Growing up in Sri Lanka and being surrounded by relatives who were doctors, I have been fascinated by both modern and traditional medicine. However, during physician shadowing in high school, I came to the realization that I was far more fascinated with the technology doctors use rather than practicing medicine. Therefore, I made the decision to turn down studying medicine in the U.K. and come to Penn to study Bioengineering in the hopes of being more hands-on with medical technology.
Have you done research with a professor on campus? What did you like, and what didn’t you like about it?
I currently work in the Interventional Radiology Lab at the Hospital of the University of Pennsylvania (HUP) under Assistant Professor of Radiology Chamith Rajapakse. The best thing about research here is that I get to be hands-on with some of the most cutting edge technology in the world and help pioneer medical diagnostic techniques that aren’t traditionally being used anywhere else. The only downside is that the learning curve can be a little too steep.
What have been some of your favorite courses and/or projects in Bioengineering so far?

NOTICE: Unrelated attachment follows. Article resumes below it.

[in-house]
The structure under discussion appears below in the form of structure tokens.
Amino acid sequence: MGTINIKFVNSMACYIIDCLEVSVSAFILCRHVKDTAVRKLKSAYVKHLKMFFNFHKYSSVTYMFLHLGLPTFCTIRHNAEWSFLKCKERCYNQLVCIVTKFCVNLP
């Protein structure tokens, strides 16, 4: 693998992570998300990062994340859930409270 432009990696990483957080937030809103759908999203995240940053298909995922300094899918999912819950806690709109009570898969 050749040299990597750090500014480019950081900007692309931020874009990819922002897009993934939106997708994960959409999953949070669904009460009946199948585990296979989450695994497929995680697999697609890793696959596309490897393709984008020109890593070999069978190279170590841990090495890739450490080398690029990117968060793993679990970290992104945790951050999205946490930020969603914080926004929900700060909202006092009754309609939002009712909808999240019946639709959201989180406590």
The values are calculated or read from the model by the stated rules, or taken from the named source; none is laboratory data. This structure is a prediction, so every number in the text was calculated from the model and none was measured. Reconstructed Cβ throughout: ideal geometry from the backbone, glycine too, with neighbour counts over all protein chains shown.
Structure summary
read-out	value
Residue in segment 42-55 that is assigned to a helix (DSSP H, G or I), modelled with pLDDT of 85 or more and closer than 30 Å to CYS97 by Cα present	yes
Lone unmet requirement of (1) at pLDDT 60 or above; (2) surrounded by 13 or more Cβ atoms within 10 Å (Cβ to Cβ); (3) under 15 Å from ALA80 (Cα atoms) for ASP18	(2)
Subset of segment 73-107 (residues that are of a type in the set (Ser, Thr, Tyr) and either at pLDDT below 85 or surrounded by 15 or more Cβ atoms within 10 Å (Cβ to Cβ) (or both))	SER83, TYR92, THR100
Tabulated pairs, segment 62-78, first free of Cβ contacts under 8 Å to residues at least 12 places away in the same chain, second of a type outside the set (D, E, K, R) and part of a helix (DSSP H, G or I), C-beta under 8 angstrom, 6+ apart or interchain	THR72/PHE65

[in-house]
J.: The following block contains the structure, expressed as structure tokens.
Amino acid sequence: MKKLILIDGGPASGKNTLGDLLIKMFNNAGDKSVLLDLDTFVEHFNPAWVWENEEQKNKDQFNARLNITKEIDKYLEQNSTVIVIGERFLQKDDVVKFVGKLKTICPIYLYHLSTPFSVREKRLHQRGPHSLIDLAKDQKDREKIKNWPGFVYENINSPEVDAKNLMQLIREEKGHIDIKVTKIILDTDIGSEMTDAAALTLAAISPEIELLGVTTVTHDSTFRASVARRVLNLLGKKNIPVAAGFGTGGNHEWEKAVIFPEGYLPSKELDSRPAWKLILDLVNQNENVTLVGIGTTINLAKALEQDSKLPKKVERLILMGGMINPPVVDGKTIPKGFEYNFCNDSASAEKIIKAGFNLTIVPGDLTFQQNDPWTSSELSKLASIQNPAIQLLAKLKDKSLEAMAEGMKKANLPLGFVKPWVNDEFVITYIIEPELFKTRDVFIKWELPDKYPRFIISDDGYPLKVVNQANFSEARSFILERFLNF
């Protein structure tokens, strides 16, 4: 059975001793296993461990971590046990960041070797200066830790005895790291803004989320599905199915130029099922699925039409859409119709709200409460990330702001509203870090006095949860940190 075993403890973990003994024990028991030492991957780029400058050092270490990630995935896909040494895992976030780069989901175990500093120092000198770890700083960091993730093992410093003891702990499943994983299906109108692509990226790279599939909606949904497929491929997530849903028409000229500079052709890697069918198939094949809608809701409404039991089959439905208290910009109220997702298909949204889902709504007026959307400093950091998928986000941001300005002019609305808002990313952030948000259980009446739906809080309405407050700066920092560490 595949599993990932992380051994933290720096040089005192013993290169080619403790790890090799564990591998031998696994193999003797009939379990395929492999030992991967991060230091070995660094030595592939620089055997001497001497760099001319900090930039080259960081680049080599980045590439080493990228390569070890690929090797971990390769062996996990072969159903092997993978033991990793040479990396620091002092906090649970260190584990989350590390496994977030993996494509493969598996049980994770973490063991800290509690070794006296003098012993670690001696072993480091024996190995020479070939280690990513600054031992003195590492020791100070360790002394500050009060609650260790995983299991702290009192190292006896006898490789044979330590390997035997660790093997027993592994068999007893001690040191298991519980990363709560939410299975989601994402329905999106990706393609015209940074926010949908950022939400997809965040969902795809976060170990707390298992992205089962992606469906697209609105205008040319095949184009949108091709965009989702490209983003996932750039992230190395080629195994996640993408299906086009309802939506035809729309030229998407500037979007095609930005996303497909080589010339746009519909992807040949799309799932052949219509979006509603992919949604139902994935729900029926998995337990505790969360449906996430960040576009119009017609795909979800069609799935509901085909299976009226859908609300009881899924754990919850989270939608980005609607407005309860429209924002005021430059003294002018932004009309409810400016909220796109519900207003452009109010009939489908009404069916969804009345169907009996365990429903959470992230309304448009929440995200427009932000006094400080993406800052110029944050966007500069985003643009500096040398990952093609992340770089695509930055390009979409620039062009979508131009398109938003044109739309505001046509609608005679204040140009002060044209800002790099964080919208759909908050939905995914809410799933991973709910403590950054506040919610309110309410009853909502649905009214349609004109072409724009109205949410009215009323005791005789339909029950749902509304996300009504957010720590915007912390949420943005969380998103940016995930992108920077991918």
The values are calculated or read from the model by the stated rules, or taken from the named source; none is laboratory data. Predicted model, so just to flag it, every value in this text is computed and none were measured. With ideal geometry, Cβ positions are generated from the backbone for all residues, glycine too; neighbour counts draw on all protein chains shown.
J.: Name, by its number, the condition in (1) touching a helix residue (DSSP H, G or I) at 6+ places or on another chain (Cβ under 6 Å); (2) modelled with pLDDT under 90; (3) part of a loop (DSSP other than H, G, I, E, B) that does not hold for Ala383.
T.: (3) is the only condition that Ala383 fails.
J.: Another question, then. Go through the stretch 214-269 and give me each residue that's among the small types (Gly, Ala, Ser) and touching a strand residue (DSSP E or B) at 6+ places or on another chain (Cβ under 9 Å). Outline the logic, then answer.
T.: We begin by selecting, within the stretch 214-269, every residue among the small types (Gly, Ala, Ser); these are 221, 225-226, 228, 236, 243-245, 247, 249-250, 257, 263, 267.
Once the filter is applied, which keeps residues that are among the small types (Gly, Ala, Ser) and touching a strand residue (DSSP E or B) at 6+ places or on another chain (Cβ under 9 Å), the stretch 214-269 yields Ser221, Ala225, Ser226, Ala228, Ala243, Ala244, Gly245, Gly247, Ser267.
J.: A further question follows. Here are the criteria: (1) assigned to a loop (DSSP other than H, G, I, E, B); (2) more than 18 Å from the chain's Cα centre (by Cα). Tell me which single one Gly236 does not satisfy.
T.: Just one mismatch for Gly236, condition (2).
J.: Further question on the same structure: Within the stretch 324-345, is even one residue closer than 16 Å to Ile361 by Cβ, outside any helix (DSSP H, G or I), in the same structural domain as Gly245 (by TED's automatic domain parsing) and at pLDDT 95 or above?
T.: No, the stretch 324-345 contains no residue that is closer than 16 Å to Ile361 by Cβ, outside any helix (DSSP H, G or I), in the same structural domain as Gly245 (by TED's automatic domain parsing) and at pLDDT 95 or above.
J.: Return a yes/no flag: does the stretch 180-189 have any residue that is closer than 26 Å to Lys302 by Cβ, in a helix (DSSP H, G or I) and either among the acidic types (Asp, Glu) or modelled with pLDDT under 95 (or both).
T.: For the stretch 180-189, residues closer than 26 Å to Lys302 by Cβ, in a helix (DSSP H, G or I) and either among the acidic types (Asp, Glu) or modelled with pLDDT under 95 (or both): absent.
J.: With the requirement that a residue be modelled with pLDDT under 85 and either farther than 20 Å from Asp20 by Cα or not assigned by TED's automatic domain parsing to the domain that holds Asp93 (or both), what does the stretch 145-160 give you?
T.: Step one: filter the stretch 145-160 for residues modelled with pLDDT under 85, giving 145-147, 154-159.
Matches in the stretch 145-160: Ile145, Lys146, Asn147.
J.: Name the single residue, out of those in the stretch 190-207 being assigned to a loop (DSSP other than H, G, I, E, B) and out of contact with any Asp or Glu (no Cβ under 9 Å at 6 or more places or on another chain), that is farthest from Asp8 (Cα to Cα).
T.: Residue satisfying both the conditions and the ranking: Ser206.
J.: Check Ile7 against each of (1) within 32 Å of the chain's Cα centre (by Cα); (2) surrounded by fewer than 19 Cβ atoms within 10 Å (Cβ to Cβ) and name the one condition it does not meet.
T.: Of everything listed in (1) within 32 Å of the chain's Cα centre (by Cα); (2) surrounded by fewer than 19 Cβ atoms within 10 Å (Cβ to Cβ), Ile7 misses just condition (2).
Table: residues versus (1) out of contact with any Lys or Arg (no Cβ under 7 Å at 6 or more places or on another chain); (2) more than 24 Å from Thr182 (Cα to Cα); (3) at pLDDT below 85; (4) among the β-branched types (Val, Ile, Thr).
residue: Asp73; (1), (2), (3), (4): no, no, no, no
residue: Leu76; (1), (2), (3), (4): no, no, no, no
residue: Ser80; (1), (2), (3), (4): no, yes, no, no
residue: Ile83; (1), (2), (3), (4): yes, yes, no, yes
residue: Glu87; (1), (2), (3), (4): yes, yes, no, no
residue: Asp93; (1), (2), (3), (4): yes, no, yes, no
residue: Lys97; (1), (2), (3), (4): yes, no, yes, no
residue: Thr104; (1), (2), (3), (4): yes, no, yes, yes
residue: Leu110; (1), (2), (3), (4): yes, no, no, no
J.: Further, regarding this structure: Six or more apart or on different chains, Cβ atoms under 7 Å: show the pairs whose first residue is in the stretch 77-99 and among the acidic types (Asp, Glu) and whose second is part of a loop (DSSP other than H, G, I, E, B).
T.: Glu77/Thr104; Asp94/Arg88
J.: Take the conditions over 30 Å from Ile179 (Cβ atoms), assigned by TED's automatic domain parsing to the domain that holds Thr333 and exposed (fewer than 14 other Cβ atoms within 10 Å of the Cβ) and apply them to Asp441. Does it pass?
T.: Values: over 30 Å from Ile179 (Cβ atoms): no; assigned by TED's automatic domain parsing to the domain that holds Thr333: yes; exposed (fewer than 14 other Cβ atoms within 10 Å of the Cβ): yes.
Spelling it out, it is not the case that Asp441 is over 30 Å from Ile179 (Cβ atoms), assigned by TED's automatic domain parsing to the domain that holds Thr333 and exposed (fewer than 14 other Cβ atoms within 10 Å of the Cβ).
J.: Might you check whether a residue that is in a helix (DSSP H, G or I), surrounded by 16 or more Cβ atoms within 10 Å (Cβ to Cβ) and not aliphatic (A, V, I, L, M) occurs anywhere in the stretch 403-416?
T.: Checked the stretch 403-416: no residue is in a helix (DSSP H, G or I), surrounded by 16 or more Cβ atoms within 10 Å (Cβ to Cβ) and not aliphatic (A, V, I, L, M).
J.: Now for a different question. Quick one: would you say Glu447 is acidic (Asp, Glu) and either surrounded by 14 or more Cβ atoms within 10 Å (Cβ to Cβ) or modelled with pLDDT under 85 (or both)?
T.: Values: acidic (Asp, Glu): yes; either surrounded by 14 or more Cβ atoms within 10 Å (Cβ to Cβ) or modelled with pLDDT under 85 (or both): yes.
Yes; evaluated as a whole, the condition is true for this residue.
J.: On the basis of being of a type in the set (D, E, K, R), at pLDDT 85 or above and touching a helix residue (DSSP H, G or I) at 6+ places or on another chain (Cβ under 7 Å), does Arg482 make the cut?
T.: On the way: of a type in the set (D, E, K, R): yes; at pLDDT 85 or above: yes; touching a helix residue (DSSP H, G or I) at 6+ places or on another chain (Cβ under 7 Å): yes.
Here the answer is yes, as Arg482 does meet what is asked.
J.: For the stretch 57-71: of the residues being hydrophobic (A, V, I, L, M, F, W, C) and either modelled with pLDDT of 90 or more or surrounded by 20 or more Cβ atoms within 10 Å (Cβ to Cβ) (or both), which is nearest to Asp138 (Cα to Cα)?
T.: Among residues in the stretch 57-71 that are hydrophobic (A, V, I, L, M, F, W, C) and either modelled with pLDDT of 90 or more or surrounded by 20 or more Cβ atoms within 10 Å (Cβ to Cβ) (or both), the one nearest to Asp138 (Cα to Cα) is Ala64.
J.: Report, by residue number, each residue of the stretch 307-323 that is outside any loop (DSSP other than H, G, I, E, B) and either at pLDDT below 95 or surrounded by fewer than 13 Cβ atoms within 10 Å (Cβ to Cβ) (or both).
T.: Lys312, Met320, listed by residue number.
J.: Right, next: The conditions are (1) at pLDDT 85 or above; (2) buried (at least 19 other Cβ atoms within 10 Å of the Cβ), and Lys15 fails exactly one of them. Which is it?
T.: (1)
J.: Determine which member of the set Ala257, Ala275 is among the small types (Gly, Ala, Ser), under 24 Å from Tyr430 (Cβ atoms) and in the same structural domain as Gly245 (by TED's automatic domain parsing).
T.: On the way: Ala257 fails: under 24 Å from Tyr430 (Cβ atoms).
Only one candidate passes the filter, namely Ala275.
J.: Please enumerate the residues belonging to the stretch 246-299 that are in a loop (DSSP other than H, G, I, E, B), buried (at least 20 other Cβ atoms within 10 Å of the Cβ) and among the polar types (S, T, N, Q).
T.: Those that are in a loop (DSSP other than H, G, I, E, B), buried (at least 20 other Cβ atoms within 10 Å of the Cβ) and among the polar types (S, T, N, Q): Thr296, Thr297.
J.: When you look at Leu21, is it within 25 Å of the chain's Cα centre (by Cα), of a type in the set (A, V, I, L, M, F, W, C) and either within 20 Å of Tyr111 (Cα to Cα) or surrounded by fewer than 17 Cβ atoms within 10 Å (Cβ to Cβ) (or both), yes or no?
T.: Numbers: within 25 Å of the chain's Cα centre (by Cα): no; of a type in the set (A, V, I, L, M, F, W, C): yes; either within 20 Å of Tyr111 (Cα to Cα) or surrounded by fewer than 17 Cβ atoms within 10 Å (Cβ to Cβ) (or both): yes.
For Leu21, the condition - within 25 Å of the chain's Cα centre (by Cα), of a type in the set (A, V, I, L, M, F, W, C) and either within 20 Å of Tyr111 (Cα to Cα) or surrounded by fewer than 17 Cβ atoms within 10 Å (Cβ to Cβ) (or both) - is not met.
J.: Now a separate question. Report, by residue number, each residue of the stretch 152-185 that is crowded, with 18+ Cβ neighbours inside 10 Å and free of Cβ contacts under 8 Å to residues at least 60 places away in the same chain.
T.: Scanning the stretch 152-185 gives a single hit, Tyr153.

Without a doubt, my favorite BE class has to be BE 309 (Bioengineering Modeling, Analysis and Design Laboratory I) and especially the Computer-Cockroach Interface we have to develop for this lab.
What advice would you give to your freshman self?
There are way too many things happening at a given time at Penn. Take it easy and plan it out so you can do everything you want to! It’s totally possible. Who says you can’t work hard and play hard?!
What do you hope to pursue after obtaining your undergraduate degree?
My hope is to head my own health-tech startup and create technologies that will aid developing countries, starting out with my humble island of Sri Lanka first.
A Q&A with neuroscientist Konrad Kording on how connections between minds and machines are portrayed in popular culture, and what the future holds for this reality-defying technology.